We're now longer carrying John Brummett's column in this space.
Is there greater conservative virtue in opposing federal health reform, period, or in saying it ought to be implemented locally instead of from Washington in the event we are unavoidably laden with it?
There is no crime in being overly and transparently solicitous for the purposes of aggrandizement and personal political advancement. That's simply acute neediness, a common and benign human frailty.
Dialogue is good. It would be even better if someone would venture off script every once in a while.
We need to stop handing out blindfolds to appointees to state boards and commissions immediately on their taking oaths of office.
Ousted president Allen Meadors may be a victim.
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Sometimes belief is a personal choice, not a logical deduction. Sometimes people would rather be finished with something than right about it. You hear people talking more about closure than about perfection.
If you want irony, pop open a can of worms on religion, on those who claim it and those who don't.
Henceforth, if you get a hankering to try to make money by putting out merchandise adorned with the phrase "we didn't come to paint," you will need to get permission from the University of Arkansas athletic department, which probably will turn you down.
Remember what that old guy with the silver hair - Clinton, I think was his name - always said. It was not to let the perfect be the enemy of the good.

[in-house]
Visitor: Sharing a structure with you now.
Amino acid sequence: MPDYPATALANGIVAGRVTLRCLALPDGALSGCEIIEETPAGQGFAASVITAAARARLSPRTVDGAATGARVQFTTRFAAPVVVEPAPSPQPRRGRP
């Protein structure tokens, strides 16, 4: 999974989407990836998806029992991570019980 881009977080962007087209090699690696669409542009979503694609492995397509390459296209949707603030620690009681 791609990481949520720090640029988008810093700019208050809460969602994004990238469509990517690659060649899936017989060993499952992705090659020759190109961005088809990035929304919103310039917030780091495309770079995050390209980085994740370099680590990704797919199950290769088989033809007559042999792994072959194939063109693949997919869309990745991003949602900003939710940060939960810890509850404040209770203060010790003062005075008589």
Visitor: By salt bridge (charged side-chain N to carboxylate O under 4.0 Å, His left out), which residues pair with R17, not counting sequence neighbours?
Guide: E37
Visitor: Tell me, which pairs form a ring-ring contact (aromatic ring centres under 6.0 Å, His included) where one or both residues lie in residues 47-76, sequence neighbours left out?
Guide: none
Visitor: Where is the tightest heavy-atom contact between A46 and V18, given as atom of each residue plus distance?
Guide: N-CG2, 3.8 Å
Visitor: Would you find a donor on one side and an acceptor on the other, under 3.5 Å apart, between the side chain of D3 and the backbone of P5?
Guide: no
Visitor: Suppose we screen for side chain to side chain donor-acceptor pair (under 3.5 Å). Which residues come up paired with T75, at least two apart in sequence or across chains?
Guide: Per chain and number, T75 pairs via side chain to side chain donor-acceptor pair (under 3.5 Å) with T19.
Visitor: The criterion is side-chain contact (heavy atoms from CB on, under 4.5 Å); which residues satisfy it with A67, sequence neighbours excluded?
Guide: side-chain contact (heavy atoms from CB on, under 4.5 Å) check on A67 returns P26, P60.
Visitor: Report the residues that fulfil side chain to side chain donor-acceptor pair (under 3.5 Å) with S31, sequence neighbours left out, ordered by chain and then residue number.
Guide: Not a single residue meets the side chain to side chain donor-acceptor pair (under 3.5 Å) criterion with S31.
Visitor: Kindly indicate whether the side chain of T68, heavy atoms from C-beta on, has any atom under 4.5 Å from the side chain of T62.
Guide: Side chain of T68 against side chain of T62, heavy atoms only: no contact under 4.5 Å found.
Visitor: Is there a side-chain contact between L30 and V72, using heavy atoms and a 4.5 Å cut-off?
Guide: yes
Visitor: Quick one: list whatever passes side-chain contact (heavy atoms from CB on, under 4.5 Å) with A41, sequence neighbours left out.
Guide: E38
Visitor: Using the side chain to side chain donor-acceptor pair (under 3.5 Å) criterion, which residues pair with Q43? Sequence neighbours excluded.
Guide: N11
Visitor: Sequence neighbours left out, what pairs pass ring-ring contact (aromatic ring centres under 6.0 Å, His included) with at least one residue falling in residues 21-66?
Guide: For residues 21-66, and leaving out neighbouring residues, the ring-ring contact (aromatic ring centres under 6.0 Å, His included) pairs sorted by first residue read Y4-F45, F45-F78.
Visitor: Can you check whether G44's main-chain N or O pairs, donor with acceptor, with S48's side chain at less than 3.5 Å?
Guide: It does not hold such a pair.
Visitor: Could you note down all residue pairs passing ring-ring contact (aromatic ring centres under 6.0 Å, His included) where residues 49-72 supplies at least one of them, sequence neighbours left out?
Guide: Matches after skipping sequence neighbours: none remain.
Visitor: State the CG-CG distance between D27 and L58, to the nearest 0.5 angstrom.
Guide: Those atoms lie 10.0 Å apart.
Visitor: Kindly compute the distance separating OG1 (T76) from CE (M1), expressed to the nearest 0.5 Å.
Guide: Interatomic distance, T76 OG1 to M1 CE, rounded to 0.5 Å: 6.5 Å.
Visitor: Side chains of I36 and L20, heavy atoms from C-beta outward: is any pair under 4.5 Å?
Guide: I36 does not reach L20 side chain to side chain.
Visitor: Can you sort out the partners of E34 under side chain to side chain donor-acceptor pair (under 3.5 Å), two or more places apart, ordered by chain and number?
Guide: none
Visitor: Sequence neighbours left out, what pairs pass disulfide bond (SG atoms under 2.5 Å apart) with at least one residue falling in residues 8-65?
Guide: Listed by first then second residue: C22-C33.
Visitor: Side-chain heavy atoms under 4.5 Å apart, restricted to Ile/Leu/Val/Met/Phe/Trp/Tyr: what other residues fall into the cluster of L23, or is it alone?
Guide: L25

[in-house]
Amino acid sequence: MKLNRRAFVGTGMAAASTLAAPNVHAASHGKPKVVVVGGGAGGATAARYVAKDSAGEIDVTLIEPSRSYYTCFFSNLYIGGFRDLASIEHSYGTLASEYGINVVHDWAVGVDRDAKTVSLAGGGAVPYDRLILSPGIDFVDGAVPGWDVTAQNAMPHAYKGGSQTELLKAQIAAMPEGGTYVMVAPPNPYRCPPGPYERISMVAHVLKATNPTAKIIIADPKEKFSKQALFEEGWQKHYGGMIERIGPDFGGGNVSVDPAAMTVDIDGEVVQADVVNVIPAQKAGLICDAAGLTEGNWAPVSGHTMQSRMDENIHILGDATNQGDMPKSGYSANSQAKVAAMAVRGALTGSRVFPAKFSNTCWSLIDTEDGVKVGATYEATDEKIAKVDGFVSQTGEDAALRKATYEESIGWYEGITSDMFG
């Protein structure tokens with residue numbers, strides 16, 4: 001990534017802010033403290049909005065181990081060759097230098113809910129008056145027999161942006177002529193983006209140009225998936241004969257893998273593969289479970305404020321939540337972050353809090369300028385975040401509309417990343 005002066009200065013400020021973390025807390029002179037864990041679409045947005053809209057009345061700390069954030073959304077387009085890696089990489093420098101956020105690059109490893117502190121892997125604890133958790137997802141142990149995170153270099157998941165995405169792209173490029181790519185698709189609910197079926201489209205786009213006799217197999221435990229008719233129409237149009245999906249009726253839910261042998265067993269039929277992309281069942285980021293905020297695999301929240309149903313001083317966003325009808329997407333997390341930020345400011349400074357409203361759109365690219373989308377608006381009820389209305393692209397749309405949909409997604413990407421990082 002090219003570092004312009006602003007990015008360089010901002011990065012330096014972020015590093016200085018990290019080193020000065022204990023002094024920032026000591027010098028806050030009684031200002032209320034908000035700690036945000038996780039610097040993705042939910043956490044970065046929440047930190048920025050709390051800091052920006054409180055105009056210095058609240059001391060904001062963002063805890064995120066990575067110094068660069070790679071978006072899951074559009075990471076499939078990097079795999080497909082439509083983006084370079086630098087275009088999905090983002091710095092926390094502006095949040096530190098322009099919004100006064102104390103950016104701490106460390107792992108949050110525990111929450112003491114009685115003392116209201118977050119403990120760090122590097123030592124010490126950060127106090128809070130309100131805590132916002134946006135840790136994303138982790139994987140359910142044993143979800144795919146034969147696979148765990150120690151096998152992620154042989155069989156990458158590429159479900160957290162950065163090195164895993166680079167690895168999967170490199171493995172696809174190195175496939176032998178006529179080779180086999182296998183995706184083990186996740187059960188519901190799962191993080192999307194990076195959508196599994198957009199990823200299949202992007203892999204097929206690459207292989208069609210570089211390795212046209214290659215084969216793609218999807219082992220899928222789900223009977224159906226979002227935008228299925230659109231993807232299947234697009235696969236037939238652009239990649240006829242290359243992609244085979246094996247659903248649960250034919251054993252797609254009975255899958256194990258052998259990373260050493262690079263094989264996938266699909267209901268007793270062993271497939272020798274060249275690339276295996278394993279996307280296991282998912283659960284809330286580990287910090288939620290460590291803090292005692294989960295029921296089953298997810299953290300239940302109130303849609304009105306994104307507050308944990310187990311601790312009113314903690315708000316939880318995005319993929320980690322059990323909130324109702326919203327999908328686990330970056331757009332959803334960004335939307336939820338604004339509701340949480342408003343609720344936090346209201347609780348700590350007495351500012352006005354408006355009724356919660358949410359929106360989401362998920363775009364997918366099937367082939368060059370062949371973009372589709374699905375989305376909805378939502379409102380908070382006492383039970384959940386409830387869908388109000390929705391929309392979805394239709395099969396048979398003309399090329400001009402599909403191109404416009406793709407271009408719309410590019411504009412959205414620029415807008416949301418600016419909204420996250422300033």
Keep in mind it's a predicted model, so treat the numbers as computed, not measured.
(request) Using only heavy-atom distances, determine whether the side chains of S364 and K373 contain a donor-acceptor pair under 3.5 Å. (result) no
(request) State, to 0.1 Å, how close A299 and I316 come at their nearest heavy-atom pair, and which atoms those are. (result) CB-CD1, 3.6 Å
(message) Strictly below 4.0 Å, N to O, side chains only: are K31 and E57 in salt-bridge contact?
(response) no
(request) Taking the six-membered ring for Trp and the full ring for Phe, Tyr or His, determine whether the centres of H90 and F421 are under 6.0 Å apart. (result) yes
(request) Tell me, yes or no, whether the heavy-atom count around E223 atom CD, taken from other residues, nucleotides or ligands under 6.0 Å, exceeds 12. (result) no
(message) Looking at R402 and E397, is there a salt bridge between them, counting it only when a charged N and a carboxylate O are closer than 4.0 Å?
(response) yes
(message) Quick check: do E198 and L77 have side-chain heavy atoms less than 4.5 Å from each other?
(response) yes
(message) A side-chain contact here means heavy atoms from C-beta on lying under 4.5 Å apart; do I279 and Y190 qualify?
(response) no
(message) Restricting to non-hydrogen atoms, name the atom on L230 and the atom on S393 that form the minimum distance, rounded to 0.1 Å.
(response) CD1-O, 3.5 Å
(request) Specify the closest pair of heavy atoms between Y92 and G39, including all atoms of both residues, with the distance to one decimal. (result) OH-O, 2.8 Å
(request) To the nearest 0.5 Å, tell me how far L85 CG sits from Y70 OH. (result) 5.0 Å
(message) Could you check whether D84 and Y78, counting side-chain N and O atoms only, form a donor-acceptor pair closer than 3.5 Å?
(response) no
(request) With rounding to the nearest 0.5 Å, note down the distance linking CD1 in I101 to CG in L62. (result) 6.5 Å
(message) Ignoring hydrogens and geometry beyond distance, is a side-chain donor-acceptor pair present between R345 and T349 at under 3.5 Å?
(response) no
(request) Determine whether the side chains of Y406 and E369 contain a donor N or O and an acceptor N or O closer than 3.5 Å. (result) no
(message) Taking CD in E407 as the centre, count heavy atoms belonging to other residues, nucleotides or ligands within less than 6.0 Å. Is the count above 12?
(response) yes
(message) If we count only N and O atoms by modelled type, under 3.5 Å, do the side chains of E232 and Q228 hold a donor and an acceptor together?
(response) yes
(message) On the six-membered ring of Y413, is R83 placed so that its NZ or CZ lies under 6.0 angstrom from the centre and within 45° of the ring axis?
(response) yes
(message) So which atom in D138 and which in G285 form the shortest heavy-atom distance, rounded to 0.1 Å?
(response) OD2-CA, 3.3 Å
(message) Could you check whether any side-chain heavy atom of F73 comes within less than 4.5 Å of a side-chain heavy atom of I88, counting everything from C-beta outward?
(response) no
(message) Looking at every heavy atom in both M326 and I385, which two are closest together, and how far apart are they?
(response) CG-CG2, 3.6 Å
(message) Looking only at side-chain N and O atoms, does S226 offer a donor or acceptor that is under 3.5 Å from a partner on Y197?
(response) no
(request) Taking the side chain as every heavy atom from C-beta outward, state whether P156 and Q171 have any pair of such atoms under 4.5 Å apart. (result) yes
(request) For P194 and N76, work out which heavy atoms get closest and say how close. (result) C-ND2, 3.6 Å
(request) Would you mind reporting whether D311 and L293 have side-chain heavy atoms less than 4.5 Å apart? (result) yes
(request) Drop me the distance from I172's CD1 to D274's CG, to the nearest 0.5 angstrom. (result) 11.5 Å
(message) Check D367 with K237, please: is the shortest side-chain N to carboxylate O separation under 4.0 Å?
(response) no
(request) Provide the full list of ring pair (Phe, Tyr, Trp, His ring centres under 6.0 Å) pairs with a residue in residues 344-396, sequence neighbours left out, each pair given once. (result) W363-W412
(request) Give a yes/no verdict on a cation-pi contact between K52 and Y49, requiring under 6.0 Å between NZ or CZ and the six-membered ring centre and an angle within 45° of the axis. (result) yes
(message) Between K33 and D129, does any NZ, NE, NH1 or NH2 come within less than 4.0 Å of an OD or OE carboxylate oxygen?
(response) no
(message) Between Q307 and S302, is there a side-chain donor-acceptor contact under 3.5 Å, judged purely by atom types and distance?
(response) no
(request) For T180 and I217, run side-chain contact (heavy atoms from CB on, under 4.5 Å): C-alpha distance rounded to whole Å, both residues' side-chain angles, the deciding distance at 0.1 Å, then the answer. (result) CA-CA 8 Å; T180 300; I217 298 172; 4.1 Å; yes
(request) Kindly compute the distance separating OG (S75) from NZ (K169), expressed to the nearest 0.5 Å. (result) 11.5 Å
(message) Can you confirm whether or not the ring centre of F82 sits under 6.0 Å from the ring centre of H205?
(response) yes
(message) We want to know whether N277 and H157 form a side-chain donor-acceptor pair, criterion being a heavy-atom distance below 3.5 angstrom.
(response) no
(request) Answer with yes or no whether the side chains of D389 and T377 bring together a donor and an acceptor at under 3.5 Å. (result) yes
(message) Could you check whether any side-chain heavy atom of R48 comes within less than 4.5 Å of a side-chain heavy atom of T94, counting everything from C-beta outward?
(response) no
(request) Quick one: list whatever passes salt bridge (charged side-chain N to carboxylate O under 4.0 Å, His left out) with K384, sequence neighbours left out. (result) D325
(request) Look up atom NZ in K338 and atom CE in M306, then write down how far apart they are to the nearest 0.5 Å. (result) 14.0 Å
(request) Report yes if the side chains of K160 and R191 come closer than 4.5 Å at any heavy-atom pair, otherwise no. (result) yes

If you don't believe it, talk to Attorney General Dustin McDaniel, with whom Ross likely will tangle in the Democratic gubernatorial primary.
With Aug. 2 now only days away, the grown-ups in Washington are starting to engage in serious discussions toward a resolution of the debt-ceiling imbroglio
What has happened over the past four of five days in Washington is instructive. What has happened over the last three or four days in Little Rock has been unsettling.
That snow-day controversy in Washington County Circuit Court in Fayetteville has now been elevated to the Arkansas Supreme Court.
Texas Gov. Rick Perry represents everything that 20 of the most extreme right-wing Republicans in the Arkansas State House of Representatives want in their next president.
The trucking industry's plans to raise state diesel taxes by a nickel a gallon over 10 years via referendum may be unraveling in the face of an anti-tax mood among Arkansas voters.
An appearance of a groundswell emerges against Attorney General Dustin McDaniel's getting to divvy up large sums of legal settlement dollars that occasionally flow to the state.
At some point if the nation is to solve its problems, one of the political parties is going to have to forgo getting revenge for the preceding rhetorical dishonesty of the other.
A few observations last week's annual Arkansas Rural Development Conference in Hot Springs.